Here in Olympia we are coming out of a week of Snowpocalypse. If you're in my region, you know what I'm talking about! Our region is ill-equipped to deal with a big snow storm, so schools and many businesses were shut down last week. Lots of folks lost power and were snowed in. For our family, it was a stay-cation of sorts. No school, no work, no internet. So, we had lots of family time. We played games, went sledding, walked in the snow, read books, and slept in. After a week of diminished work and school activities, we all felt quite rejuvenated. Despite the obvious discomforts caused by this storm, the week at home was, in many ways, a very pleasurable experience.
Kama - Enjoyment or Pleasure
The word pleasure or kama, in Sanskrit is a concept I am teaching in my yoga classes this week. According to the Vedic teachings, pleasure or enjoyment is one of the 4 Aims of Life. Kama refers to the pleasure of the senses. It is both an aesthetic enjoyment and also an enjoyment of emotional connection and affection. In Vedic teachings, taking time for enjoyment is considered a responsibility of householders. For me last week, this was taking in the simple pleasure of enjoying the rare (in the Pacific Northwest) winter wonderland with my family. This pleasure involved all my senses. I enjoyed the brightness of the snow, and the clear skies with stars at night, crackling of snow and ice under my feet, and the touch of my warmest, puffiest coat and thickest mittens. Because it was more difficult to prepare food, the simplest meals were more satisfying.
Of course we experienced the discomforts that come with a big storm, like no power which in our neighborhood also means no water! Luckily we were prepared and were able to ride it out. But, the point I want to make is what could have been a negative experience turned into a very positive experience because we chose to make it that way. It was in many ways, all about mindset. Having an attitude of seeking enjoyment and positivity is a skill and a practice that involves the mind and the body.
Counter-acting our Built-in Negativity Bias
I am reminded by the teachings of Dr. Rick Hanson. Dr. Rick Hanson is a psychologist who studies and writes about the inner skills of personal well-being. Scientists believe that humans have a built in "negativity bias." We are hard-wired to look out for negative experiences and to prevent them if possible. This is an evolutionary trait that has in Rick's words made us more apt to dodge sticks than to chase down carrots. Rick says we are "velcro for negativity" and like "teflon for positivity." By this, he means that we are going to be on the look out for anything negative and any negative experience will "stick to our ribs" more than a "positive experience." In the case of the snowstorms, we are wired to be more preoccupied with the hazards and discomforts of a storm than the silver lining of pleasurable time with family and natural beauty.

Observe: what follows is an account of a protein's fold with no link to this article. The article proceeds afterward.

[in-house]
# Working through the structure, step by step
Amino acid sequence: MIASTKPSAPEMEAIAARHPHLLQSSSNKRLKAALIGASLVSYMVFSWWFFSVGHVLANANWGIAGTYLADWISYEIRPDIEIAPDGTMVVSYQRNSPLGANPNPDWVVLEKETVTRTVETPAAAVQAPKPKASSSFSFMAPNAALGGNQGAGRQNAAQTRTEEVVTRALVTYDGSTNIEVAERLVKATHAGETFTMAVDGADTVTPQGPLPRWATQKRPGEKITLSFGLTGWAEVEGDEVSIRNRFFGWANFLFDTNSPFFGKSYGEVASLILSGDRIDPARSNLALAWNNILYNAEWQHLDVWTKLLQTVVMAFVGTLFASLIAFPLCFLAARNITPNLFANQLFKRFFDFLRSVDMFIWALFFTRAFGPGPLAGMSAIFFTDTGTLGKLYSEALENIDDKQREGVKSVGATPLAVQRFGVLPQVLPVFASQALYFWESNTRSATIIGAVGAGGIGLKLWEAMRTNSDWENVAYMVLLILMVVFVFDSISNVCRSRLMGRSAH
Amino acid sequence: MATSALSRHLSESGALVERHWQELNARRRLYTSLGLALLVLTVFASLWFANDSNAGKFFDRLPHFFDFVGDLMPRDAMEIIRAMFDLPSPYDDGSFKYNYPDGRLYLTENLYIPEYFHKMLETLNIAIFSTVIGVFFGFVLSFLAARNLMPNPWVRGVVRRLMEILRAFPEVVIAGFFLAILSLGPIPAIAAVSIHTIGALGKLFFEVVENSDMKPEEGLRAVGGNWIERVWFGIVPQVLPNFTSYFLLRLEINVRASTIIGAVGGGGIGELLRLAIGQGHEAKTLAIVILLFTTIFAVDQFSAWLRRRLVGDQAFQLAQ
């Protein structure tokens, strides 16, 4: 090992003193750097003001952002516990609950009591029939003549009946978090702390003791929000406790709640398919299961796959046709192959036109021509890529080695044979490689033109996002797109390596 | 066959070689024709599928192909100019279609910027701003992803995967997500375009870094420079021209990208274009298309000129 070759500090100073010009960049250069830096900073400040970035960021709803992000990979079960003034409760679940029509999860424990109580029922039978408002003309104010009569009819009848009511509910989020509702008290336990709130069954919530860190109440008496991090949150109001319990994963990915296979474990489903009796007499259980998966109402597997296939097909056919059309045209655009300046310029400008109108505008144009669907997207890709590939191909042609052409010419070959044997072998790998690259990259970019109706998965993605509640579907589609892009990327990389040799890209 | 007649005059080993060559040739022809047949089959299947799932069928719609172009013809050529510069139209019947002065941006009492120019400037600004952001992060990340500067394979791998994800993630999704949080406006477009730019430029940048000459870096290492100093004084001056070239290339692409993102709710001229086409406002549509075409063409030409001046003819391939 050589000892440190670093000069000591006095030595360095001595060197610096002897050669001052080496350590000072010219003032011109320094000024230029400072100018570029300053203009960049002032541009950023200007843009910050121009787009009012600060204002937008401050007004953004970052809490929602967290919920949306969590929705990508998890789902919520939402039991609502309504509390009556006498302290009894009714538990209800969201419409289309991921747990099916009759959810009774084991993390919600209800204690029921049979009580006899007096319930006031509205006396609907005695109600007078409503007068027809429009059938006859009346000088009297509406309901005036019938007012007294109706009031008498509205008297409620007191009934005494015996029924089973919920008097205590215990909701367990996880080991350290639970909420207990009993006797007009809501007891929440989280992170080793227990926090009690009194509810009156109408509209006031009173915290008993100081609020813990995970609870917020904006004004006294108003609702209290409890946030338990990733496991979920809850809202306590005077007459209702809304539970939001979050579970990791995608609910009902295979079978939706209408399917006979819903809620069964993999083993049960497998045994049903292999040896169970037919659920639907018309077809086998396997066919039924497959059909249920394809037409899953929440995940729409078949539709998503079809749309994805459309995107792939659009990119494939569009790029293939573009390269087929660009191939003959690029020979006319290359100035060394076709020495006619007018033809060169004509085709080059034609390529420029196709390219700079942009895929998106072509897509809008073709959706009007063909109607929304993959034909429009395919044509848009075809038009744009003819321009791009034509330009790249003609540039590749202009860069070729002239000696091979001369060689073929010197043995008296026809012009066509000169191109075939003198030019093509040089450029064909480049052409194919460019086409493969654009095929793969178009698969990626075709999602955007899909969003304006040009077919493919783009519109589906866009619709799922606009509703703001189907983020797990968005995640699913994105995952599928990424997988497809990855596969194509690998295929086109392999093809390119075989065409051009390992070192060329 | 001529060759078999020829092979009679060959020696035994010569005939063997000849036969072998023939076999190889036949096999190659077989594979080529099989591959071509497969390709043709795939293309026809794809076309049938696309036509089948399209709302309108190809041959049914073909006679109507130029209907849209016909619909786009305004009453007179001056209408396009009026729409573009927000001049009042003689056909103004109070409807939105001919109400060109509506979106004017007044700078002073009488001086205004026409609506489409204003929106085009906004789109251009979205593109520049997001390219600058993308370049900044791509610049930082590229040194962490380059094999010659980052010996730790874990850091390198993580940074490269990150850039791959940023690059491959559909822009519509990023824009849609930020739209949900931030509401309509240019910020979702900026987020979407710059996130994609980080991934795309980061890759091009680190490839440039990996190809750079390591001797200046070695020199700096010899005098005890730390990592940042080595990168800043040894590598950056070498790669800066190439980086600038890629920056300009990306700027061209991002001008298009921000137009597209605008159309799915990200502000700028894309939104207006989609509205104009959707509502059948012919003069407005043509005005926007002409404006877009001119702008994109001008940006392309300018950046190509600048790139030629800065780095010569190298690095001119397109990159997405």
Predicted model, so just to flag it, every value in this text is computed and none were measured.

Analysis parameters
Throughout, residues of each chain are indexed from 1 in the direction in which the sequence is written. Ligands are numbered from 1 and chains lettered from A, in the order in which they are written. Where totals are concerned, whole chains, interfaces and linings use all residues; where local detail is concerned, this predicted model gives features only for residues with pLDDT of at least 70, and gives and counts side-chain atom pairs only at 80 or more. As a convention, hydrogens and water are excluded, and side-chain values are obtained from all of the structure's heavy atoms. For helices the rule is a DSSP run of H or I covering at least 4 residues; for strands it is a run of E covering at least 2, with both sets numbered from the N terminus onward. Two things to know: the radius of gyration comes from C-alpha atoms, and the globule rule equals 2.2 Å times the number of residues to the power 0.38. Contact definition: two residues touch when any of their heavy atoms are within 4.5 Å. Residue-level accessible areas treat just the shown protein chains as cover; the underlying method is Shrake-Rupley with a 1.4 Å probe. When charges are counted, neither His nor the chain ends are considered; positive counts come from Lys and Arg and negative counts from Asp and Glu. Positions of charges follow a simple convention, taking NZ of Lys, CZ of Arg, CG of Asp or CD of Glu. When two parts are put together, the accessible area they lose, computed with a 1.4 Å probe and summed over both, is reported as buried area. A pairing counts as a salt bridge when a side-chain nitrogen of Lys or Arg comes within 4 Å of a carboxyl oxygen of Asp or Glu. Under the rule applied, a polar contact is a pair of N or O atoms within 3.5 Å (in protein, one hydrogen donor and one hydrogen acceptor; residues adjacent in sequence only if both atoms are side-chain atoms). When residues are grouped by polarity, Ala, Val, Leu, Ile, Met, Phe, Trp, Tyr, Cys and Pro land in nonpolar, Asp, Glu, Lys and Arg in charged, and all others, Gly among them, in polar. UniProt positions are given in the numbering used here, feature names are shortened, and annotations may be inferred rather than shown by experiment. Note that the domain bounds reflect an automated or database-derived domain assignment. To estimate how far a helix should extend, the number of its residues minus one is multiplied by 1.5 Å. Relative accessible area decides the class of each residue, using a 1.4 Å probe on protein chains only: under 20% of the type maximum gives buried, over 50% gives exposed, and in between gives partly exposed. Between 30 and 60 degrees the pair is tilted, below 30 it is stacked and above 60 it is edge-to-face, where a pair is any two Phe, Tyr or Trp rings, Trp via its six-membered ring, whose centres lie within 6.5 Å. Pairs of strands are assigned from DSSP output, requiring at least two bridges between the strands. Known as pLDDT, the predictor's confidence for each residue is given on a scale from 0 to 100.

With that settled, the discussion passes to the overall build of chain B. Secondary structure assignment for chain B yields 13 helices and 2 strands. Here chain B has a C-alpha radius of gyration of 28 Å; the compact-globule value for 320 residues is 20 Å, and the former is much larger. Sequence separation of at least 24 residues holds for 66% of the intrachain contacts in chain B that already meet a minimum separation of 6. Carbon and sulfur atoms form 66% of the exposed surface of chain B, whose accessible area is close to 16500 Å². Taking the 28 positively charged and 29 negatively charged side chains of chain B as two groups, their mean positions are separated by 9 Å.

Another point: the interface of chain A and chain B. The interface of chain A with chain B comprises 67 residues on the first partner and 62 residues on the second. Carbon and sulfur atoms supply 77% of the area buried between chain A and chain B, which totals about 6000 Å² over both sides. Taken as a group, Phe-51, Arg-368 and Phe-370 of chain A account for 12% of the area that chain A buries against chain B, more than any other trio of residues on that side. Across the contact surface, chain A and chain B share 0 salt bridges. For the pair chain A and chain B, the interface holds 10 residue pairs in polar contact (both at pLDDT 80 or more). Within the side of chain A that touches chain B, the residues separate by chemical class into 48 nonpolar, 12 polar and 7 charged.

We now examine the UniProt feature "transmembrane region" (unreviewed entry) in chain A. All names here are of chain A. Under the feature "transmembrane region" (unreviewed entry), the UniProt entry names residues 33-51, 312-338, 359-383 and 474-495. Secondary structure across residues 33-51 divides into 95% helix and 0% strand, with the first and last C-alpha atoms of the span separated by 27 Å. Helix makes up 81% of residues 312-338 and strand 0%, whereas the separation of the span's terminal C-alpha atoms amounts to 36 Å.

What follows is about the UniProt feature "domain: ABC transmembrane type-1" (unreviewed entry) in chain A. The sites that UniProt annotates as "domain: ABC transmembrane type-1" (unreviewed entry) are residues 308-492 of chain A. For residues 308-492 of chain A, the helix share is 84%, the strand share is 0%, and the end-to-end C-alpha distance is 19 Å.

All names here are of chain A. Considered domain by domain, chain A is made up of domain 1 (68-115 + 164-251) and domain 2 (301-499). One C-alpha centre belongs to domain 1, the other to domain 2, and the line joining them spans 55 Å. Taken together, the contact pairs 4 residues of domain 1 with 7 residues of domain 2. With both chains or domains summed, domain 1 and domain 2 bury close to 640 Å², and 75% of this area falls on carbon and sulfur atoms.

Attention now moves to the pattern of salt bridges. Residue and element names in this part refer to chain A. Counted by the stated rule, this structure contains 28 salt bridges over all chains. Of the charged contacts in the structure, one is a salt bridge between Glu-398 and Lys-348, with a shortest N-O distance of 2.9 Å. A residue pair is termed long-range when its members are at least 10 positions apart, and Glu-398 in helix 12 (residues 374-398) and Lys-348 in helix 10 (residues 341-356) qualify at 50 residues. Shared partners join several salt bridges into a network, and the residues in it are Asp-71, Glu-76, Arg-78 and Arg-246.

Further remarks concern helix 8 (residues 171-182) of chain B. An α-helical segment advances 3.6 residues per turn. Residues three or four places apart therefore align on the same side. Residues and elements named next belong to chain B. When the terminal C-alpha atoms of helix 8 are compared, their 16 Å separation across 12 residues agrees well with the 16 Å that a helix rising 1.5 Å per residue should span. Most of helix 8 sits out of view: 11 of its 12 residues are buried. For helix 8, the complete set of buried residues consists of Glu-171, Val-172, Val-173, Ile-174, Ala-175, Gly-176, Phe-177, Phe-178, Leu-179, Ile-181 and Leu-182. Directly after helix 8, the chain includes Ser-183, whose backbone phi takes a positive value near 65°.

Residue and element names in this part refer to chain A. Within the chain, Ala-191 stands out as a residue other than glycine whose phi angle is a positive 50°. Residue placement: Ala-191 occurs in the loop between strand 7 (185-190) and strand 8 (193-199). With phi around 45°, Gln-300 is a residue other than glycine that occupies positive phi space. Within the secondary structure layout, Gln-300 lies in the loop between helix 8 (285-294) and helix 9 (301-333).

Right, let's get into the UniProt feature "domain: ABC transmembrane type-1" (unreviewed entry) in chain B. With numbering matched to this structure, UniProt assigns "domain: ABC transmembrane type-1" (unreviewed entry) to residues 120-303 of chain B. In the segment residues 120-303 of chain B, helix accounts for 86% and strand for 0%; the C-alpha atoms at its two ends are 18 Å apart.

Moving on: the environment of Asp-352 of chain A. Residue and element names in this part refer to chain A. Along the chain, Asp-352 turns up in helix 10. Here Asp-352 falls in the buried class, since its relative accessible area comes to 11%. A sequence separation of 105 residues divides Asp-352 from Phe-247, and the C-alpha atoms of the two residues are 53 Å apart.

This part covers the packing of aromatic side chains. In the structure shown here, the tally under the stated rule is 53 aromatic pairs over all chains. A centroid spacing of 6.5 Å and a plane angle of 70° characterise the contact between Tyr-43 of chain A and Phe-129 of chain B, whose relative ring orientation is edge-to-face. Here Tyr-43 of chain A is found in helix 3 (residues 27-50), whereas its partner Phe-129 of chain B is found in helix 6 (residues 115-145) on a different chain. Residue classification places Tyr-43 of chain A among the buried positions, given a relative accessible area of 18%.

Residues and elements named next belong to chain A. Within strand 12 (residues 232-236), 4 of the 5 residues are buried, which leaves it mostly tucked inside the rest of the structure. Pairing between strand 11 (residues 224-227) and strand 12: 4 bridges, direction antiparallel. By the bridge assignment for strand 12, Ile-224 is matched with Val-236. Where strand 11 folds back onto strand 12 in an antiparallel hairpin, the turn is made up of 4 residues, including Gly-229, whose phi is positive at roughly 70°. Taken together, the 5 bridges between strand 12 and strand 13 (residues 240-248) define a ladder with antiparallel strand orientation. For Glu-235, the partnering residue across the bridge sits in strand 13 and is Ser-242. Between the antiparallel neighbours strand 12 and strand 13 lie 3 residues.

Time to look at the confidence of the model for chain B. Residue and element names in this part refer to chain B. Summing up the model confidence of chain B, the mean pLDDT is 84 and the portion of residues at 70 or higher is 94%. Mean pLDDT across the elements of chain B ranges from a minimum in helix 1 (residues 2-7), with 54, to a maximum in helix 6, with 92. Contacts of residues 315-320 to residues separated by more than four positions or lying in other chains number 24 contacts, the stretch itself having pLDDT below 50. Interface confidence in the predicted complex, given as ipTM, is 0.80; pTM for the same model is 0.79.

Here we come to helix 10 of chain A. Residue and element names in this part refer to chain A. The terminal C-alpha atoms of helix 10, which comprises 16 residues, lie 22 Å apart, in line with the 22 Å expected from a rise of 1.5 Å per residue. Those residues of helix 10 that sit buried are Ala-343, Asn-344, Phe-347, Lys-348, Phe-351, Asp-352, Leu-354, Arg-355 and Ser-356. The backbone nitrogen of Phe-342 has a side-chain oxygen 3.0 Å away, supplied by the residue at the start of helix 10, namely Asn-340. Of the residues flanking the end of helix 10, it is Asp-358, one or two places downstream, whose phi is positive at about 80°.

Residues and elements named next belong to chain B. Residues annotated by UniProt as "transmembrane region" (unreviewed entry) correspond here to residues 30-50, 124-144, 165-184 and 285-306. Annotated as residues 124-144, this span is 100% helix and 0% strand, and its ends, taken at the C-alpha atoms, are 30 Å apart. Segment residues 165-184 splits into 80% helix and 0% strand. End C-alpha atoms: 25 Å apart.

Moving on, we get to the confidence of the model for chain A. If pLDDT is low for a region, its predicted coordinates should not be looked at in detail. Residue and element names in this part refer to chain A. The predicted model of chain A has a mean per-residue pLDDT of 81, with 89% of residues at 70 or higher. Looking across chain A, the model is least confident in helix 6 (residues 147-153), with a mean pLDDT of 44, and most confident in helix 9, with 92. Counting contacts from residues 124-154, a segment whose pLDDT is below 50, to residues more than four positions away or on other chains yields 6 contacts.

Tilting toward the Positive
A big part of my job as a yoga and wellness teacher is to help people's minds and bodies become more resilient by guiding folks realign to what is already good, and build on that. One of my favorite practices that I am teaching this week is Taking in the Good. This is a practice I learned from Dr. Rick Hanson. It is the simple practice of noticing, appreciating and even basking in what is positive, enjoyable and pleasurable in one's life. This basking or soaking in the good involved all of the senses. An example is being outside in the snow or anywhere where you realize you are experiencing something pleasant, and taking the time enjoy the all of the accompanying sights, sounds, feelings, smells and even flavors. By doing so, we begin to slant our mind-body toward more positivity. We can even begin to change our brain! This is neuroplasticity. If we always tilt toward the negative, we become more prone to a negative mindset. Each time, we incline our mind-body toward the positive and pause and appreciate the positive, we build neuro-pathways that incline our lives toward resilience and positivity.
Soaking in the good practice
This is a practice you can do anytime and anywhere. When you become aware that whatever you are experiencing has a pleasant quality, bring your awareness to that experience. If it's early morning and you just poured yourself a cup of hot tea. Take a moment and enjoy the warmth of the mug on your skin. Breathe in the aroma of the tea. Pause, soften and breathe. Let your body relax. Exhale again. Even before you take your first sip, anticipate the pleasure of the warmth and taste of the tea in your mouth. Then, when you take your first sip, linger with the flavors and sensation. Don't rush on to the next task of the morning. Soak in the good for just a few more moments. It's that simple. Fill up your cup with what's good and build on that for the rest of the day.
Annie Barrett. Educator, certified health coach, educator and yoga instructor.